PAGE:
On July 19, 1973, Alabama-native, Willie “The Say Hey Kid” Mays was named to his 24th All-Star team, tying Stan Musial at the time for the record of overall selections. However, they way he tied the record was different; Mays earned all of these all-star bids consecutively.

Willie Mays was born just outside of Birmingham, in a small industrial town known as Westfield, Alabama in 1931. At Fairfield Industrial High School, an all-black school during segregation, Mays became a multi-sport star. He led his high school basketball team to the 1946 Alabama State Championship and the county in scoring the same season. For Fairfield Industrial’s football team, Mays played quarterback, fullback, and punter. He reportedly threw five touchdowns in a single game as a senior, prior to deciding to play professional baseball.

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Mays would go on to play for the Chattanooga Choo-Choos, a farm system Negro League team, during the summer of 1948. In the same year, as an 18-year-old high-schooler, Willie Mays was signed to play professional ball in Birmingham for a Negro American League team-The Birmingham Black Barons.

He was threatened with suspension from Fairfield Industrial HS because of his decision to play professionally; however, with help from his father, Mays was able to make an agreement with the school’s principle so that baseball wouldn’t interfere with his education. The agreement allowed him to continue playing professionally, providing that Mays would only play at home games in Birmingham.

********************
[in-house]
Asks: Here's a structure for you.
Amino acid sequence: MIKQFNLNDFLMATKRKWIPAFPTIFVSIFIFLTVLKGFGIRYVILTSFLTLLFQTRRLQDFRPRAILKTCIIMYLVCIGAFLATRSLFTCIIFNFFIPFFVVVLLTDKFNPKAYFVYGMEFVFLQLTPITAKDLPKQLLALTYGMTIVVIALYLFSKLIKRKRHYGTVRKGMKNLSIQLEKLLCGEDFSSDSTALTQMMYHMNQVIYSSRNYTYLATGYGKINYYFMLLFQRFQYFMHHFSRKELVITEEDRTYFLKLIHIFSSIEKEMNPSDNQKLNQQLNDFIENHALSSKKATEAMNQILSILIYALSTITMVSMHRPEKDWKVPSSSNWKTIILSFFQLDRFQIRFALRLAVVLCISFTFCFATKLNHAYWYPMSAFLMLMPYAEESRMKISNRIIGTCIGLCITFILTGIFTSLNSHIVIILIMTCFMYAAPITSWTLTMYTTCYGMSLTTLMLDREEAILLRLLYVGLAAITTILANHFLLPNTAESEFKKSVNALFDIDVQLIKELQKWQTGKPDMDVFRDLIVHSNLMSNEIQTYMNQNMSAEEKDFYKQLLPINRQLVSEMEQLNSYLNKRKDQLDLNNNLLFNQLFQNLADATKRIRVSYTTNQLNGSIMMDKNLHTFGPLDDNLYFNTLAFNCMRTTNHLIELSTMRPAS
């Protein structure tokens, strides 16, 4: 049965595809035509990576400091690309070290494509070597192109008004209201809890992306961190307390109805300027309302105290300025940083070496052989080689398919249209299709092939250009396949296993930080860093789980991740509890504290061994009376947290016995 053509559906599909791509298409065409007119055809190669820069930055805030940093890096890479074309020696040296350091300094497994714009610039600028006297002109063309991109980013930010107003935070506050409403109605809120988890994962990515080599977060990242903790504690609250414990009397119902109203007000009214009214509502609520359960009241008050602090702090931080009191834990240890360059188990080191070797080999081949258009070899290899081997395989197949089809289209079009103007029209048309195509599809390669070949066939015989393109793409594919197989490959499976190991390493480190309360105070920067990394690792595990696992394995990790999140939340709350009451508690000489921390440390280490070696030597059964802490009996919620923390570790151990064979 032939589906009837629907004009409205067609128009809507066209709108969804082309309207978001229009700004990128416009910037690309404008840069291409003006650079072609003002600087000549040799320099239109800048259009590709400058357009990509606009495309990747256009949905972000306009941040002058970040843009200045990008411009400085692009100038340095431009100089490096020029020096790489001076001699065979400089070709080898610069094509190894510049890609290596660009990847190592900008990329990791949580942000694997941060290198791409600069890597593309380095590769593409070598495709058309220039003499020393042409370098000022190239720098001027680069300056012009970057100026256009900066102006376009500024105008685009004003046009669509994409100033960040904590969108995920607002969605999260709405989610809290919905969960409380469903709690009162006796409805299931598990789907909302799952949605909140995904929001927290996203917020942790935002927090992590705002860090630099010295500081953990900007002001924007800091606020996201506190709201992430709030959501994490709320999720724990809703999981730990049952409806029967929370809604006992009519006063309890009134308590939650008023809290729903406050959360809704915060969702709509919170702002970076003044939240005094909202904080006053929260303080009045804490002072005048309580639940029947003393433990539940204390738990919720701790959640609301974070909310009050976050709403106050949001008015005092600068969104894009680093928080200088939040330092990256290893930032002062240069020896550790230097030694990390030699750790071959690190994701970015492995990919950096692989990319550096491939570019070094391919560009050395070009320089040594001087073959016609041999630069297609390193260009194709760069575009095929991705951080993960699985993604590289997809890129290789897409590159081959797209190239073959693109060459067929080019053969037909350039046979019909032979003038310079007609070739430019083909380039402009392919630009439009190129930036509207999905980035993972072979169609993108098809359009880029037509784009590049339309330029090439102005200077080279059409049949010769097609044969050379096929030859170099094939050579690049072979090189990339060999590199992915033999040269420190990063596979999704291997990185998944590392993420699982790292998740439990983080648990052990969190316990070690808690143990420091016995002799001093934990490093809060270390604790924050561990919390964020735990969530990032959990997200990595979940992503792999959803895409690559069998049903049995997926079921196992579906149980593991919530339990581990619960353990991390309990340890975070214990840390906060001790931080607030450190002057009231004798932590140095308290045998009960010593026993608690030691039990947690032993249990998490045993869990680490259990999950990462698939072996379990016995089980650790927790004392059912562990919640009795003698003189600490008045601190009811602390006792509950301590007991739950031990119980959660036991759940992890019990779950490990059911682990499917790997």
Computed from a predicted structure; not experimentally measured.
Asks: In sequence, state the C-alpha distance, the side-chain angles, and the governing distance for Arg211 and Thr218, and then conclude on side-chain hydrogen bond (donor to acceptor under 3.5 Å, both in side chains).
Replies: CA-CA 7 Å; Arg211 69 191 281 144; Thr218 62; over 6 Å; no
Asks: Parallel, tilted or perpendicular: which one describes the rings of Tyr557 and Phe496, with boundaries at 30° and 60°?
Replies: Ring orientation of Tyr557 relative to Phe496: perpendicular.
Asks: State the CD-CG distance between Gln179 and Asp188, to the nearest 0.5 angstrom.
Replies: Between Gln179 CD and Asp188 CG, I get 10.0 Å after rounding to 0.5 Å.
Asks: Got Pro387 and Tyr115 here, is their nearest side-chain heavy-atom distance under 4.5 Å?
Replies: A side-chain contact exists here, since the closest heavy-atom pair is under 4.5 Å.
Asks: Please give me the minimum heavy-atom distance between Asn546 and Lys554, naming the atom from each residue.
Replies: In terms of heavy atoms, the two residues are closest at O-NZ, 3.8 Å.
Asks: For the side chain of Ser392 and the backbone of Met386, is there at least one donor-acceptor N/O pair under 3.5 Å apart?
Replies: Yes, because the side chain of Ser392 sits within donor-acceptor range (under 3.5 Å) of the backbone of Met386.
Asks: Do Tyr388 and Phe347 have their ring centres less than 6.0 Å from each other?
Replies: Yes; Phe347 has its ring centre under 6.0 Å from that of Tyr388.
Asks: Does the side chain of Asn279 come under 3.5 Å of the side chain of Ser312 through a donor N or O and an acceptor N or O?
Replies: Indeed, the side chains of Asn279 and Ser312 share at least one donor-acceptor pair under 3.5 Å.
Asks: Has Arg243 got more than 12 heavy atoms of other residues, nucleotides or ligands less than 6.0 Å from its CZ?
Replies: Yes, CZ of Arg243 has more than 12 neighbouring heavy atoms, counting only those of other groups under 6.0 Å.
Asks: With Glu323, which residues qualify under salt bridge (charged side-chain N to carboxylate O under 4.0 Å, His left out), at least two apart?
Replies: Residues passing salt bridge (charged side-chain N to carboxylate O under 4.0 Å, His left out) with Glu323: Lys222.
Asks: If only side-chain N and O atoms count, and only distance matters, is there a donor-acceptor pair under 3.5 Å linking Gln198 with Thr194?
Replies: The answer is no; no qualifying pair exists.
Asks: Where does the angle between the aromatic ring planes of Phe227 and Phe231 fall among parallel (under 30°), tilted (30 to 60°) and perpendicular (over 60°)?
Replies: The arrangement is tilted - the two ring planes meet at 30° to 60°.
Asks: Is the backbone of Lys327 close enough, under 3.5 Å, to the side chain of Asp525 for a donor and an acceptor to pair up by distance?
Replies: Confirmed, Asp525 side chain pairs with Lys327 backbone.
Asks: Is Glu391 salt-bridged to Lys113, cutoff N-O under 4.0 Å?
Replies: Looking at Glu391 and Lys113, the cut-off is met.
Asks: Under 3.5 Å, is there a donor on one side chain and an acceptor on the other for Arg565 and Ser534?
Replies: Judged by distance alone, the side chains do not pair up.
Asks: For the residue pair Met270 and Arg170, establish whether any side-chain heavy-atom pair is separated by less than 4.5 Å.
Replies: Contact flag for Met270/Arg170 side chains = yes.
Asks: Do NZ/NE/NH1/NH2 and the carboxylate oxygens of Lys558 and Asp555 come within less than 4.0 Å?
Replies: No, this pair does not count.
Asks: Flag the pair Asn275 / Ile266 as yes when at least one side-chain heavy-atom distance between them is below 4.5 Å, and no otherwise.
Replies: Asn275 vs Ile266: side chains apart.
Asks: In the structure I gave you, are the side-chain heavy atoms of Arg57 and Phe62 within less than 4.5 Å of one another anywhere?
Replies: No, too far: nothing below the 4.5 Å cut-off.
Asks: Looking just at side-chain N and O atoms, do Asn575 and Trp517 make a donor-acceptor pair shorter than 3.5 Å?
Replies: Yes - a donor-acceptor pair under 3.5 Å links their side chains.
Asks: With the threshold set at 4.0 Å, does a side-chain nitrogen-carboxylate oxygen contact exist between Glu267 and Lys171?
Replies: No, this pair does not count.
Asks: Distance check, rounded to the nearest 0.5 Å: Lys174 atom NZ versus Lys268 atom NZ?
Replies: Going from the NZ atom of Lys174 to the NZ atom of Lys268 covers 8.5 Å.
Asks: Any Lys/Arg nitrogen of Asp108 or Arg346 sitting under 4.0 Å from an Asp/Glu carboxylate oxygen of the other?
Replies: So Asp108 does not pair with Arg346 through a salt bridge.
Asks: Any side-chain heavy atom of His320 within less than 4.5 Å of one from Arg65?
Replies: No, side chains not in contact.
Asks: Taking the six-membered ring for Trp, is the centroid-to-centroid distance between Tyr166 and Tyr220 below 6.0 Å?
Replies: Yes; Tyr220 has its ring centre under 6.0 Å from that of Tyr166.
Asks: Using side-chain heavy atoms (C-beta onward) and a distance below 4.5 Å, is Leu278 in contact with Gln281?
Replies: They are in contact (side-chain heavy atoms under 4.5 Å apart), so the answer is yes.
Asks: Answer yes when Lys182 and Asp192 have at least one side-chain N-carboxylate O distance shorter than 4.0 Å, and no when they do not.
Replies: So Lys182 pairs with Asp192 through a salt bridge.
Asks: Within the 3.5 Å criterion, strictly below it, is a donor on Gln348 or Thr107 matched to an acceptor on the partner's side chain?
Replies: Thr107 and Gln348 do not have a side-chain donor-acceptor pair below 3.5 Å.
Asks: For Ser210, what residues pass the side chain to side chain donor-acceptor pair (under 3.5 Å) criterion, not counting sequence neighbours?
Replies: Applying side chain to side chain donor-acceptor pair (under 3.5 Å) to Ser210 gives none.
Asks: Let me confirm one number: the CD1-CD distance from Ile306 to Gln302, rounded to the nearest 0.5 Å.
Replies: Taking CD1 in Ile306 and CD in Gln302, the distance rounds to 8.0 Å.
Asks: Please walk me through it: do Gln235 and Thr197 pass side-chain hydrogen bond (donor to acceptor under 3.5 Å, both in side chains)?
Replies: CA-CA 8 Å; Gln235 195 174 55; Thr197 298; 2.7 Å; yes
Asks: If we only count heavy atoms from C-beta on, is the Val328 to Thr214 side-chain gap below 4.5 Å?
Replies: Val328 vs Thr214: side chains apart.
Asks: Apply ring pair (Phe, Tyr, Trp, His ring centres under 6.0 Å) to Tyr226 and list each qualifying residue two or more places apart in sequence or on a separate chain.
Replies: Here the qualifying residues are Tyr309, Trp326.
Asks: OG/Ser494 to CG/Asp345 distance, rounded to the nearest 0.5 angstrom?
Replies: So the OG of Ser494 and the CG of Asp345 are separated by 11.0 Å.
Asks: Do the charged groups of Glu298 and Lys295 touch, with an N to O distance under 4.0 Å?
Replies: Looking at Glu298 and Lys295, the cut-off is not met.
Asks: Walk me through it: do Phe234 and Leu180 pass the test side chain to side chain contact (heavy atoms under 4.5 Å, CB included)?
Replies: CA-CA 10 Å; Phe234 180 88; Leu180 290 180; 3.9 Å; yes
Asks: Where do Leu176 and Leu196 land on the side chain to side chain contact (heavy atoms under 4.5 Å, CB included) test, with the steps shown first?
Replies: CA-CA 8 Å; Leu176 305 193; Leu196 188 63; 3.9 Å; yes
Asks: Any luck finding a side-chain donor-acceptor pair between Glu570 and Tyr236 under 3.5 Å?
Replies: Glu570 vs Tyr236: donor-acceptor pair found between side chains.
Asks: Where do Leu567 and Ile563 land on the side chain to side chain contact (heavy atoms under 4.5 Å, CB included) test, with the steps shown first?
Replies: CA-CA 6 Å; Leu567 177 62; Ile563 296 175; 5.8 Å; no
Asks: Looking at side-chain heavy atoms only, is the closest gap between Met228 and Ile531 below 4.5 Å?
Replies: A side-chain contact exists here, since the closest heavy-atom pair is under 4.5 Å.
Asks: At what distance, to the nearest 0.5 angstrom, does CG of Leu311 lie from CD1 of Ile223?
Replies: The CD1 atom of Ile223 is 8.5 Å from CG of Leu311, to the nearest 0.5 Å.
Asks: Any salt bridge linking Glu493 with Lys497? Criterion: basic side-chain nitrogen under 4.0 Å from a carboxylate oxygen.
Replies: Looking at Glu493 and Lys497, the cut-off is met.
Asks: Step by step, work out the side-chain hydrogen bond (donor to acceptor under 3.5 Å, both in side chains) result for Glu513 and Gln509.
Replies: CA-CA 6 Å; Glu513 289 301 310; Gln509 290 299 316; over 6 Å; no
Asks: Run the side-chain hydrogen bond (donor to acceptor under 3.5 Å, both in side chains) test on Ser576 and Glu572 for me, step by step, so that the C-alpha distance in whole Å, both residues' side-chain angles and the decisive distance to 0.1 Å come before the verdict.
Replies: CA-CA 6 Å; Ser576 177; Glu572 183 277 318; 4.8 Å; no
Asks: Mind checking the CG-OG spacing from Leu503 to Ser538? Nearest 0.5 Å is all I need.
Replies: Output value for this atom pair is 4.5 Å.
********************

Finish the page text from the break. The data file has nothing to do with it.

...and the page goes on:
Though Mays had gone through all four years of high school and turned 18 by 1949, he mysteriously wasn’t awarded his diploma until 1950. At the time, Major League Baseball’s eligibility rules wouldn’t allow non-high-school-graduates to be signed to any MLB team. This would delay what was supposed to be his rookie season by almost two years.

Photo Courtesy of NYTimes.Com

On June 4, 1950, the MLB’s New York Giants signed Mays, for $4,000, after being passed up by the Boston Braves. Because the competition in the MLB’s minor leagues weren’t on the same level as the Negro American League, Mays wouldn’t stay long in the minors. In fact, less than a year after signing his first contract, the baseball world would be changed forever as “The Say Hey Kid” made his MLB debut on May 25, 1951. He would be named the 1951 National League Rookie of the Year at the age of 20.

Shortly after his first season ended, Mays had been drafted to serve in the Korean War. Though he got to play at the very beginning of his sophomore season, he wouldn’t see an MLB game again until his discharge from the army in 1954 - his streak of 24 consecutive all-star selections would start the same year. The four-time NL home run leader is still in the top five for career home runs; in turn, without the introduction of performance enhancing drugs after his retirement, it’s very possible that Mays’ total of 660 career home runs would be among the top three of all-time.

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Mays, a 12-time Golden Glove awardee, was inducted into the Alabama Sports Hall of Fame in 1977. Two years later, he would also make the MLB Hall of Fame as a first ballot candidate. More recently, under the Obama administration, Mays was invited to the White House and awarded the Presidential Medal of Freedom in 2015. As of the 2017 season, Major League Baseball has awarded the best player in a World Series the Willie Mays MVP Trophy.

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